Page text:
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New state rule for retroactive diplomas gives former student hope

One point.

That’s what Charley Thomas, 23, says prevented him from getting a high school diploma.

The former Cheyenne High School student passed all of his high school proficiency exams except one — science. He scored a 299, below the required passing score of 300.

He was devastated.

“I always thought that I would go to college and try to further my education, but since that didn’t happen, it was just like, ‘Wow,’” said Thomas, who works as an audio engineer for a local recording studio. “It kind of made me resent college in a way, because I felt like I wasn’t good enough in a way.”

It was not how he imagined spending his 18th birthday, which coincidentally fell on his Class of 2012 graduation ceremony. He walked in the celebration, he said, but only received a certificate of attendance.

Now Thomas is one of nearly 7,000 Clark County School District students petitioning to receive the diploma they were denied years ago, after a shift in graduation requirements prompted a new ruling from the state Department of Education.

Up until 2017, students like Thomas were required to meet a certain score in four high school proficiency exams to graduate. Those were replaced with end-of-course tests.

But this year the Legislature nixed the passing score requirement for those end-of-course exams. Instead, the exams will become a percentage of a student’s final course grade.

Last month the state decided to make the move more equal: Older students like Thomas who failed the older proficiency exams may still receive their diploma if they fulfilled other graduation requirements. In Clark County, that means proving that you earned all the credits needed to graduate (in most recent years, that is 22.5) and that your last school of attendance was within the district.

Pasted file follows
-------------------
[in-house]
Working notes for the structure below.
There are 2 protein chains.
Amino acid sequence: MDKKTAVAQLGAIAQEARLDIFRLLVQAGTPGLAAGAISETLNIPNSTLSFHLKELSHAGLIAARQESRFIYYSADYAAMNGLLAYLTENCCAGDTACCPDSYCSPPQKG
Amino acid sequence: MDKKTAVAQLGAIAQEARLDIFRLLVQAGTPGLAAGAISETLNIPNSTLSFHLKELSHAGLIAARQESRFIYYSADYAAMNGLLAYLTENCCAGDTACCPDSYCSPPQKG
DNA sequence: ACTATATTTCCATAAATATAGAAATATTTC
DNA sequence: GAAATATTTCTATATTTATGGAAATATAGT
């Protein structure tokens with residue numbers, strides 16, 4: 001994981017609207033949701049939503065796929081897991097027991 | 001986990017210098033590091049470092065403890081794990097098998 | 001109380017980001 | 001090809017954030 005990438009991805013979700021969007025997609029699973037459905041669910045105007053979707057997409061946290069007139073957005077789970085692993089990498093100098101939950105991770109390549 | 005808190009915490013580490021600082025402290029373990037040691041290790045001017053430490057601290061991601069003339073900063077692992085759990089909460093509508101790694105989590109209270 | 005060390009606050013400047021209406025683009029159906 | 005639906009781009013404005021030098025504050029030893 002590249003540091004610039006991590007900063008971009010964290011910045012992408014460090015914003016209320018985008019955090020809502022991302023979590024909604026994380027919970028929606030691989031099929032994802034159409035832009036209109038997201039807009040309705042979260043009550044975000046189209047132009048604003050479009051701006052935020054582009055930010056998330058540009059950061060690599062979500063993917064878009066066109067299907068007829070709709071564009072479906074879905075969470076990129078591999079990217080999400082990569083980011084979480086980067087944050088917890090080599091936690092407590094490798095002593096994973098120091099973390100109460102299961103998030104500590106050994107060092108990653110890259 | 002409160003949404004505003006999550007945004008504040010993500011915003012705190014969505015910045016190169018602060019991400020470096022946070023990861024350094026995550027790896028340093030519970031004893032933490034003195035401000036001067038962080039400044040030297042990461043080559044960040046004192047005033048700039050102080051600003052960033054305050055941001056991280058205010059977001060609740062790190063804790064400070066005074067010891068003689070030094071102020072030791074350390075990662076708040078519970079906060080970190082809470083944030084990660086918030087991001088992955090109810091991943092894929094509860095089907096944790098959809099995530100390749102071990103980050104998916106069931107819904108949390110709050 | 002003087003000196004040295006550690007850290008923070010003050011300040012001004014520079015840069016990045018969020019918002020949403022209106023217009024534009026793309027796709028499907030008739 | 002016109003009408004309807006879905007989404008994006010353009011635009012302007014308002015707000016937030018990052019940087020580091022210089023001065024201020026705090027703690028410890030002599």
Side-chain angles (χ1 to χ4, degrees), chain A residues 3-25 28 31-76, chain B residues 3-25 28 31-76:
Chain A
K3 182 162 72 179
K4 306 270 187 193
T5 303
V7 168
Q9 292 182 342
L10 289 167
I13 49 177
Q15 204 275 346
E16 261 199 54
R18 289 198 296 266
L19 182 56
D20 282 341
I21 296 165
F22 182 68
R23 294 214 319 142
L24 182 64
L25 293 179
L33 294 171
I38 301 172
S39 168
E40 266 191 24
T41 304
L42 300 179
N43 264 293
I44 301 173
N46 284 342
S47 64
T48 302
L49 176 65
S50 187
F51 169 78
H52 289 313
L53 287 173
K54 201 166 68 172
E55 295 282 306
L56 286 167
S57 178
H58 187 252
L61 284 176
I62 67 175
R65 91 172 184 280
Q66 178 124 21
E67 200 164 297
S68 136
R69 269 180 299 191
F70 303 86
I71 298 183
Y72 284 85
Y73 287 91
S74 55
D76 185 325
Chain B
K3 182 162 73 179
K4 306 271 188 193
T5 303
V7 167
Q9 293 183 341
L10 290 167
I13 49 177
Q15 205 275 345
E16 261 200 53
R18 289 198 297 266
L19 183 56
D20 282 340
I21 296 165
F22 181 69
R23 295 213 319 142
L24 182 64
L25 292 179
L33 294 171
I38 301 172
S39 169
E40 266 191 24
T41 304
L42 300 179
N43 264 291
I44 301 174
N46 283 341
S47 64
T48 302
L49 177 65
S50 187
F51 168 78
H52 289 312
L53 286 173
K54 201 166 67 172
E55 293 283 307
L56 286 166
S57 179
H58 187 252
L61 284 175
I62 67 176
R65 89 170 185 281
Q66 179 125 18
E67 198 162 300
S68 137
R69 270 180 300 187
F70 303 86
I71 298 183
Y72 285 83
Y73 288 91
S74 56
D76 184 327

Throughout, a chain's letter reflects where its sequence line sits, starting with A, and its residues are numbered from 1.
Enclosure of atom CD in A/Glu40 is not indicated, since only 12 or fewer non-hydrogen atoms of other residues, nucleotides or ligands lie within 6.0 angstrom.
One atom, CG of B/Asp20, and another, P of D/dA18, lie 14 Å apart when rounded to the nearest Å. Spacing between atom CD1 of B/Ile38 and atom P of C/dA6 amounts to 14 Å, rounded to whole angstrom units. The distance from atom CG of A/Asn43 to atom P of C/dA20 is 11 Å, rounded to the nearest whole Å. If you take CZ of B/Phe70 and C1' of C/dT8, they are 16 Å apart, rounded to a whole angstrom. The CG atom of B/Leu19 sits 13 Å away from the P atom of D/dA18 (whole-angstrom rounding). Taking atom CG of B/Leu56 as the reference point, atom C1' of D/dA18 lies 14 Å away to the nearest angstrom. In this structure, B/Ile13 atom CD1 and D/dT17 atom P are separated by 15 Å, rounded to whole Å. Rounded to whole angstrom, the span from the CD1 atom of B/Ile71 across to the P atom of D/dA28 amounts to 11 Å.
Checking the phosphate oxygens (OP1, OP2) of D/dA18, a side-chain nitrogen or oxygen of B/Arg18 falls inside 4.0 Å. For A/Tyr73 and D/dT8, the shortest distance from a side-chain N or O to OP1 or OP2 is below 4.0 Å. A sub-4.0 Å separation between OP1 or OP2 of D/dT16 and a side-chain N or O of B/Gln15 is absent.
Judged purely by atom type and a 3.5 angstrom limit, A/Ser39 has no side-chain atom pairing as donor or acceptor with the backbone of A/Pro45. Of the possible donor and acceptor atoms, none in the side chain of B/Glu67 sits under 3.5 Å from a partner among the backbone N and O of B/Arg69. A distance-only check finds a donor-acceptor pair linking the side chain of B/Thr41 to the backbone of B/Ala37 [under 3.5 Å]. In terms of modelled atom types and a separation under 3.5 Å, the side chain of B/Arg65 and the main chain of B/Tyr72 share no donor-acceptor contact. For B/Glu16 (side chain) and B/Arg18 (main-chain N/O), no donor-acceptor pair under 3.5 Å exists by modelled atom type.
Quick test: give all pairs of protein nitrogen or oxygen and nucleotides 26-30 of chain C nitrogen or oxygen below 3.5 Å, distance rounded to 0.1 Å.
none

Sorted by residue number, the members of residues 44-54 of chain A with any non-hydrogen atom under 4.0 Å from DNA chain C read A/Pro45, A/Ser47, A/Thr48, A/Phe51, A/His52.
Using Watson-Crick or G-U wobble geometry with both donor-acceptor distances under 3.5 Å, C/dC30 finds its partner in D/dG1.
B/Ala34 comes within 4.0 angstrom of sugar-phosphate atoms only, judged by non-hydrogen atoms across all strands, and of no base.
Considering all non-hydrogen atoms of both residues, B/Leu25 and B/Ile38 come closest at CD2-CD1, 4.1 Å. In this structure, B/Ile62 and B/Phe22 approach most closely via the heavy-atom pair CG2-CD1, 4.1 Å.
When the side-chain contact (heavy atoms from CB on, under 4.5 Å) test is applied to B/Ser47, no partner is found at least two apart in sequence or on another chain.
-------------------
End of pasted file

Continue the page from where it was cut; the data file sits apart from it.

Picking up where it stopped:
The district is going as far back as 1982 — when the proficiency exams became a graduation requirement.

The exam pardon comes as the State Board of Education determines new criteria for graduation.

That task means tackling a tough question: Does earning a Nevada high school diploma mean anything?

While the district’s graduation rates have increased, reaching a record-high preliminary rate of 82.7 percent for 2017, data suggest that our students are still not ready for college. Over half of Nevada 2015 high school graduates who entered the Nevada System of Higher Education were placed into remedial courses.

Setting graduation criteria means balancing real standards while not relying too much on the high-stakes testing that discourages students like Thomas from going to college.

That’s just the dilemma that State Board member Felicia Ortiz ponders.

“If the kid did great in class and just couldn’t do well on the test because some kids — and adults too — get major test anxiety, then why are we holding them back from the opportunity of getting a job and going to college?” she said.

The key, she said, is setting a strong bar for students while not making it so high that those who deserve to pass do not.

Thomas said he was ready for college at 18. He argued that his year-end exams felt like enough of a proficiency test, and he already earned all the required 22.5 credits. With this new change, he hopes to fulfill the dream that was crushed five years ago.

“I’m super excited,” said Thomas, who hopes to enroll in Full Sail University’s online program to study audio engineering. “I mean, I pray it can happen.”

Contact Amelia Pak-Harvey at apak-harvey@reviewjournal.com or 702-383-4630. Follow @AmeliaPakHarvey on Twitter. On Education appears every other Saturday.

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